Kel turned around to see Yuki approaching quickly from behind, slippered feet silent on the stone floor.
Lady Yukimi. She bowed, palms flat on her thighs in the correct formal greeting.
How may I assist you?
Yuki's eyes crinkled up the smallest bit at the corners.
Let us not stand on formality, she said.
I was wondering if you would not like to have afternoon tea with myself and Princess Shinkokami. Tortall doesn't seem to supply tea made with flowers, only leaves. We thought you might miss it.
I—yes. Tortall didn't, in fact, carry many of the Yamani teas that Kel drank in her childhood, sweet concoctions made from steeped petals and pungent herbs. Tortallan tea was flat and bland in comparison.
My thanks. Let me just check with— she stopped, remembering that she was no longer a squire.
I mean, of course.
Yuki's eyes smiled at Kel.
Come at the fifteenth hour, she said.
We miss you.
Kel didn't have any reply to that but to bow again, and in response Yuki actually laughed, hiding the lower half of her face behind her fan as she did so. As Kel left, she couldn't stop her own grin from forming.
Back in her quarters, Kel barely had time to spread seed out on her windowsill for the sparrows before a frantic pounding came from her door. Neal burst in after her called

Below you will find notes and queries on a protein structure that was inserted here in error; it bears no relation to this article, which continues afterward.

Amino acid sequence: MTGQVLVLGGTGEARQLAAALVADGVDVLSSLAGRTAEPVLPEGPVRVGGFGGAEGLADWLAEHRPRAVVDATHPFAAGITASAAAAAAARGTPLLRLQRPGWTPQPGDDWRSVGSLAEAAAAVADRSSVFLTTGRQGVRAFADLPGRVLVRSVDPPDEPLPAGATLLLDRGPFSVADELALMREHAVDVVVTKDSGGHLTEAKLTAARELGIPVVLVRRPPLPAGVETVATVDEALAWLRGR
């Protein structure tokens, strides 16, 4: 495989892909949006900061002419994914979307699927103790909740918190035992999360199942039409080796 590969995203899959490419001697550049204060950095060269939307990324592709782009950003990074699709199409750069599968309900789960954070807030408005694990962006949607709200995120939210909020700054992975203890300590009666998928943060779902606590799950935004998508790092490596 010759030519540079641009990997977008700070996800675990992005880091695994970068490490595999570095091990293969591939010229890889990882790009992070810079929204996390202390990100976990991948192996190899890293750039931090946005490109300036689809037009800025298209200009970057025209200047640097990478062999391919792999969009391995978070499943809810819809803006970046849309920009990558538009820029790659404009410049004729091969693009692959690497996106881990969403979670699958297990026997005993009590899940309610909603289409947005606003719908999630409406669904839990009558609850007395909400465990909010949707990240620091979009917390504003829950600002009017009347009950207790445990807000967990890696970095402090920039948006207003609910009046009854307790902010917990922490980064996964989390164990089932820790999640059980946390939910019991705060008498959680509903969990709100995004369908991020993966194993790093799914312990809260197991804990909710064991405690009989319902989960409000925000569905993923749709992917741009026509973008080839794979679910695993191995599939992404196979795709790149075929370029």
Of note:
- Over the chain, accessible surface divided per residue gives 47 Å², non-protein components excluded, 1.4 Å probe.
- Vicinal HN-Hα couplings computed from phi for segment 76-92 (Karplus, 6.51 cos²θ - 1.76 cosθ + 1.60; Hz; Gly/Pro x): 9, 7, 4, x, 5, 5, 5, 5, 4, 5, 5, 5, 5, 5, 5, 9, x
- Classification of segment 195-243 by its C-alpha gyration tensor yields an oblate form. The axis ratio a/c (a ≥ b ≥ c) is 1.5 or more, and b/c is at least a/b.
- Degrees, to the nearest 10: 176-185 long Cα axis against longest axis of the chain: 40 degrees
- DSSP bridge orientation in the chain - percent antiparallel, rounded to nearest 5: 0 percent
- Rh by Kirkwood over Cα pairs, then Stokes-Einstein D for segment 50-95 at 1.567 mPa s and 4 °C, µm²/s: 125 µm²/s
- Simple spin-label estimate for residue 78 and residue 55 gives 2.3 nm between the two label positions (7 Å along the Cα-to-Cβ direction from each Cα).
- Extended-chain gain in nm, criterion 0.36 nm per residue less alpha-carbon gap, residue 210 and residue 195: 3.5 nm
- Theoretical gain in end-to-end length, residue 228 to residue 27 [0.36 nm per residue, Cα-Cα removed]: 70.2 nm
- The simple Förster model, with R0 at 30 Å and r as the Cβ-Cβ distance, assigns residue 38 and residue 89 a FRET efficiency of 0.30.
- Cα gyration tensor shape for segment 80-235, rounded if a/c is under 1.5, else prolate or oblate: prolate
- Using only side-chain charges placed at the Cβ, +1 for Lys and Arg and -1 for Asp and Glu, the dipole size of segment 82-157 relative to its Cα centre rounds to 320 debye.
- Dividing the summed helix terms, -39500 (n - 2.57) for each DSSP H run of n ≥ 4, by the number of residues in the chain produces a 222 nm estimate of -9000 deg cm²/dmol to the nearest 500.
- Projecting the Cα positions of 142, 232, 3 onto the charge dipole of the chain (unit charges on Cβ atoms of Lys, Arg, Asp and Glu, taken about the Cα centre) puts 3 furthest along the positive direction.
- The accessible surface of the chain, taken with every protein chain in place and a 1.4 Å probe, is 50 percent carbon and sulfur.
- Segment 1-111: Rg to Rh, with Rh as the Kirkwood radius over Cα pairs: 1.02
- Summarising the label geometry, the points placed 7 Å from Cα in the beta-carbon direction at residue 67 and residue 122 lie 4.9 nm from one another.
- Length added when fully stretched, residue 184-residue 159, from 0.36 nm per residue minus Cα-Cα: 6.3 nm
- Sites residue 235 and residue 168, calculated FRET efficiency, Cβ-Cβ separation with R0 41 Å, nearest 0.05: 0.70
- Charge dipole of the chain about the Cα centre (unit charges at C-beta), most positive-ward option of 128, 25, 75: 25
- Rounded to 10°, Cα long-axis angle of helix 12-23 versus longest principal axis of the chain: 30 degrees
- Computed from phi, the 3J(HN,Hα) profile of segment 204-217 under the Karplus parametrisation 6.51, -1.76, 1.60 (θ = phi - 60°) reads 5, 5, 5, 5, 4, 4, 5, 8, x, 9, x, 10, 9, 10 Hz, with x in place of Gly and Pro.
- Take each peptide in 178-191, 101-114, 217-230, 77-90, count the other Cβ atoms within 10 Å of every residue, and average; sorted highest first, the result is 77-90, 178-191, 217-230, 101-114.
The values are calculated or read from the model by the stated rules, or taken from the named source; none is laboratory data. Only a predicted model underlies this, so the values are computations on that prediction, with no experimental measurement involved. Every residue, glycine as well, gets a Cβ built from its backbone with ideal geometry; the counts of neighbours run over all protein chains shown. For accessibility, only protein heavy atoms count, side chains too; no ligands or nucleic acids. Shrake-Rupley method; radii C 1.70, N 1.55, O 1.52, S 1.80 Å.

come in! with his hair mussed and eyes wild.
Kel! he said, running a hand along the back of his head, ruining his appearance even further.
You've got to help me!
Neal? Kel blinked at him before she straightened up.
Sit, and calm down. What's wrong?
Yuki! Neal sat, grabbing double-fistfuls of of his hair as he did so.
She isn't from Tortall! Yamani courtship is a complete mystery! I don't understand their poems or culture at all! Kel— feverish green eyes beseeched her.
Kel, you have to help me.
Oh. She couldn't keep the faint amusement from her tone, or the quick twitch of her lips from manifesting. Her Yamani instructors would be ashamed.
If that's all. I thought you had a real emergency. Meathead, she added affectionately.
A few squawks and glares later, Neal calmed down enough to admit Kel was right.